Mon. Jun 17th, 2024

Menstrual cycle is a direct indicator of overall female health, and periods are body’s way of telling you that things are working as they should. From puberty to menopause, menstruation is a part of life for women. And for many of those women, the monthly period comes with unwelcome side effects.

A new research review presented this week at the North American Menopause Society (NAMS) conference has confirmed that dietary changes can have a significant effect on the severity of menstrual cramps. Dysmenorrhea is characterized by severe and frequent menstrual cramps and pain during your period

Dr. Monica Christmas, NAMS board member and director of the Center for Women’s Integrated Health at the University of Chicago, not involved in the new research, said:

“This meta-analysis of adolescents with dysmenorrhea found that adhering to an anti-inflammatory diet was associated with decreased dysmenorrhea. Encouraging young women to adopt healthy lifestyle practices at a young age will be instrumental in maintaining optimal health throughout midlife and beyond and may help to slow the aging process.”

The research comprehensive review included multiple studies evaluating the relationship between diet and menstrual pain.

“Researching the effects of diet on menstrual pain started as a search to remedy the pain I experienced; I wanted to understand the science behind the association,” Serah Sannoh, a Rutgers University student and lead author of the poster presentation, said

Researchers focused their analysis on adolescent and teenage girls, as menstrual cramps are common in this group and responsible for many lost school days. An older study from 1981 found that 14% of adolescent girls in the United States regularly missed school because of menstrual cramps. In another study published in 2017, 13% of teenage girls in Nigeria had taken days off school because of period pain. But it is not just teenage girls who endure menstrual cramps they can affect adult women also. Therefore the findings of the review could provide ideas for holistic ways to keep period cramps under control.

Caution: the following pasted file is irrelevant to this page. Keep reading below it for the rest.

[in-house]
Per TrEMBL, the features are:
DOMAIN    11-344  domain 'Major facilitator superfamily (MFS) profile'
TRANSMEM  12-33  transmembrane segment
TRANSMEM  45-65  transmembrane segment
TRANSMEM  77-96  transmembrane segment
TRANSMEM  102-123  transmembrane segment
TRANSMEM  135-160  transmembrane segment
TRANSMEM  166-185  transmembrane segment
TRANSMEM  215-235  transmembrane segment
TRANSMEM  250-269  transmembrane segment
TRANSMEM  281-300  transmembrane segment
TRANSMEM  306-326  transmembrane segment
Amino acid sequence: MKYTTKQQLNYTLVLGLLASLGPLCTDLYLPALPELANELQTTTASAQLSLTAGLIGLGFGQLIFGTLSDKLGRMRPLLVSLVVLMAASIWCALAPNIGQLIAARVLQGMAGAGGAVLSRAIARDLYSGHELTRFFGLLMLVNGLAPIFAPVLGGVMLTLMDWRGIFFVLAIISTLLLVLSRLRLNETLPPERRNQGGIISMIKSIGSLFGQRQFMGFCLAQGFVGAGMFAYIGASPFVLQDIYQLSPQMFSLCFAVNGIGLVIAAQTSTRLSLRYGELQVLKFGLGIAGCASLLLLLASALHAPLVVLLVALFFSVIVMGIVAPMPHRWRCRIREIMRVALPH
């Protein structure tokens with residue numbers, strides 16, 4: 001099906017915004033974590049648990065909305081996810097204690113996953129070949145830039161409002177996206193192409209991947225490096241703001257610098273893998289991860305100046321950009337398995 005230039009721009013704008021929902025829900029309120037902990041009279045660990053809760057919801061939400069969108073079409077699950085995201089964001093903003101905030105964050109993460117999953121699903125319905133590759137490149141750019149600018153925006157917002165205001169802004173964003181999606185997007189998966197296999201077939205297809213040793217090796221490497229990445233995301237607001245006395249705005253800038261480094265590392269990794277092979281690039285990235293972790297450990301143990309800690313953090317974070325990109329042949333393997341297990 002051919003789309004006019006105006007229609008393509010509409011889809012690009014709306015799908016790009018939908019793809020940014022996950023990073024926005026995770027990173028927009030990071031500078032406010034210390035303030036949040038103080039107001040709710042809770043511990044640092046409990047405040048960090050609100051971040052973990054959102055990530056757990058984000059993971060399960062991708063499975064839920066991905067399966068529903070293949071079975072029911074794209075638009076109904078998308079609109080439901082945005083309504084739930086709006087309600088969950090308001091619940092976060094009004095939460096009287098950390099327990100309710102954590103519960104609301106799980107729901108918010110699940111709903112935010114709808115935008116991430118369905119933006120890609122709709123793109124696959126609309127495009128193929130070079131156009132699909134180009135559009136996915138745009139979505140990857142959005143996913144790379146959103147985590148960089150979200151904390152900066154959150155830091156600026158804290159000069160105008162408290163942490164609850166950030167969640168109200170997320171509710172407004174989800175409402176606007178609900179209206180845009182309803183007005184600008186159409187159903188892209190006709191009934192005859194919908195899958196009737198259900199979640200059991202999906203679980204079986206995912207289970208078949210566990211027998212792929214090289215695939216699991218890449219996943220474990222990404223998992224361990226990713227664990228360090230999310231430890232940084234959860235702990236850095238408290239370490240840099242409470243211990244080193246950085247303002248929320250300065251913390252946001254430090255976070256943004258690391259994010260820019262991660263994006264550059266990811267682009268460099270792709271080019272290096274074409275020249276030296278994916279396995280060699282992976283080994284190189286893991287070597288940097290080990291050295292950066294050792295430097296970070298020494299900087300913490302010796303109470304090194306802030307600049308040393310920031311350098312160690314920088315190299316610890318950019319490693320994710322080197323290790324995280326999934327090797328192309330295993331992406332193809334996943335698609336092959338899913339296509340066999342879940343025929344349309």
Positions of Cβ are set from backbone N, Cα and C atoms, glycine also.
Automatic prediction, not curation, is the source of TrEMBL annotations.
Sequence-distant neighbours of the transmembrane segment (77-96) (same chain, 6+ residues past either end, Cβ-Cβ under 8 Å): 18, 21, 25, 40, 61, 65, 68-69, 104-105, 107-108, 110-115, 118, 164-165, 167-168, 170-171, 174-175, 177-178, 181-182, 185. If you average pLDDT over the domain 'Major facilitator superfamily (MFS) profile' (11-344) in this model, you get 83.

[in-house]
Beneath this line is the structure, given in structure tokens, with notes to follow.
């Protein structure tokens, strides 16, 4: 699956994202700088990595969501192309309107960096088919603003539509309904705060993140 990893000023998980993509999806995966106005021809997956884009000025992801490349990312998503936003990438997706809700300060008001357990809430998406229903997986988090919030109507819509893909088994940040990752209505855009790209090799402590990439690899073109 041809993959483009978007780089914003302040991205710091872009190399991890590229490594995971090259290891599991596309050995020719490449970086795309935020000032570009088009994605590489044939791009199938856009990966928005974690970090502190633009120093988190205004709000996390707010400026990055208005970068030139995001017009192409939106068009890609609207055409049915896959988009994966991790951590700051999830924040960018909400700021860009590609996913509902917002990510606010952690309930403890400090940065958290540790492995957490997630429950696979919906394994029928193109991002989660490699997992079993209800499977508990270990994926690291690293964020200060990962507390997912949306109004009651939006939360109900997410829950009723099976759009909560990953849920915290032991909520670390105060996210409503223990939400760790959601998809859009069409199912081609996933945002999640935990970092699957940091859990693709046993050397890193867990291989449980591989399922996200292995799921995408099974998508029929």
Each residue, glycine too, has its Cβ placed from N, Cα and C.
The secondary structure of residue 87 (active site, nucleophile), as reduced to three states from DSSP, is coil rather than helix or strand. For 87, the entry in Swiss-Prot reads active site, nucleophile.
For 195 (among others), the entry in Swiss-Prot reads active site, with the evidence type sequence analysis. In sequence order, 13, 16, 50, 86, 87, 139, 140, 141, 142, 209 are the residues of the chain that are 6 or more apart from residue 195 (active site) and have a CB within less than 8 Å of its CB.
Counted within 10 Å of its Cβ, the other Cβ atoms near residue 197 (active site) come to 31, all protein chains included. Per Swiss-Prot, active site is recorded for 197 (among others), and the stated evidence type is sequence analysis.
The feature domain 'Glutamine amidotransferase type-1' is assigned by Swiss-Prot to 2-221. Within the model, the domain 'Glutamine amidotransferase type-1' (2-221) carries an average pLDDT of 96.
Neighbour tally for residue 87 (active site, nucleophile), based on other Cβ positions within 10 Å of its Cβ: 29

The review also identified several foods that made menstrual pain worse. These include meat, oil, sugars, and salts. In addition, coffee was found to increase cramps. Furthermore, the research review notes that omega-6 fatty acids increase inflammation, whereas omega-3 fatty acids reduce inflammation.

“Omega-6 fatty acids are pro-inflammatory, and they trigger the painful menstruation cascade,” Sannoh said. “These are found in foods like red meats and processed foods like french fries. In addition, sugar, coffee, and salt are also inflammatory. On the other hand, omega-3 fatty acids are anti-inflammatory, These are found in foods such as salmon, sardines, flaxseeds, and nuts.”

The findings of the review would therefore suggest that limiting your intake of meat and processed foods while increasing oily fish, seeds, and nuts in your diet may relieve the monthly pain. Fresh fruit and vegetables are a key part of an anti-inflammatory diet. The review found that people following a vegan or plant-based diet had lower levels of inflammation and were less likely to experience menstrual pain. However, the review concluded there’s a link between what you eat and the severity of menstrual cramps and that dietary changes can be effective in reducing pain. But can you still eat what you want and enjoy the occasional cup of coffee without making those cramps worse?

“Even if someone does not adopt a strict anti-inflammatory diet, decreasing your intake of inflammatory foods should help decrease the inflammation that causes menstrual pain,” Sannoh said.

By Editor

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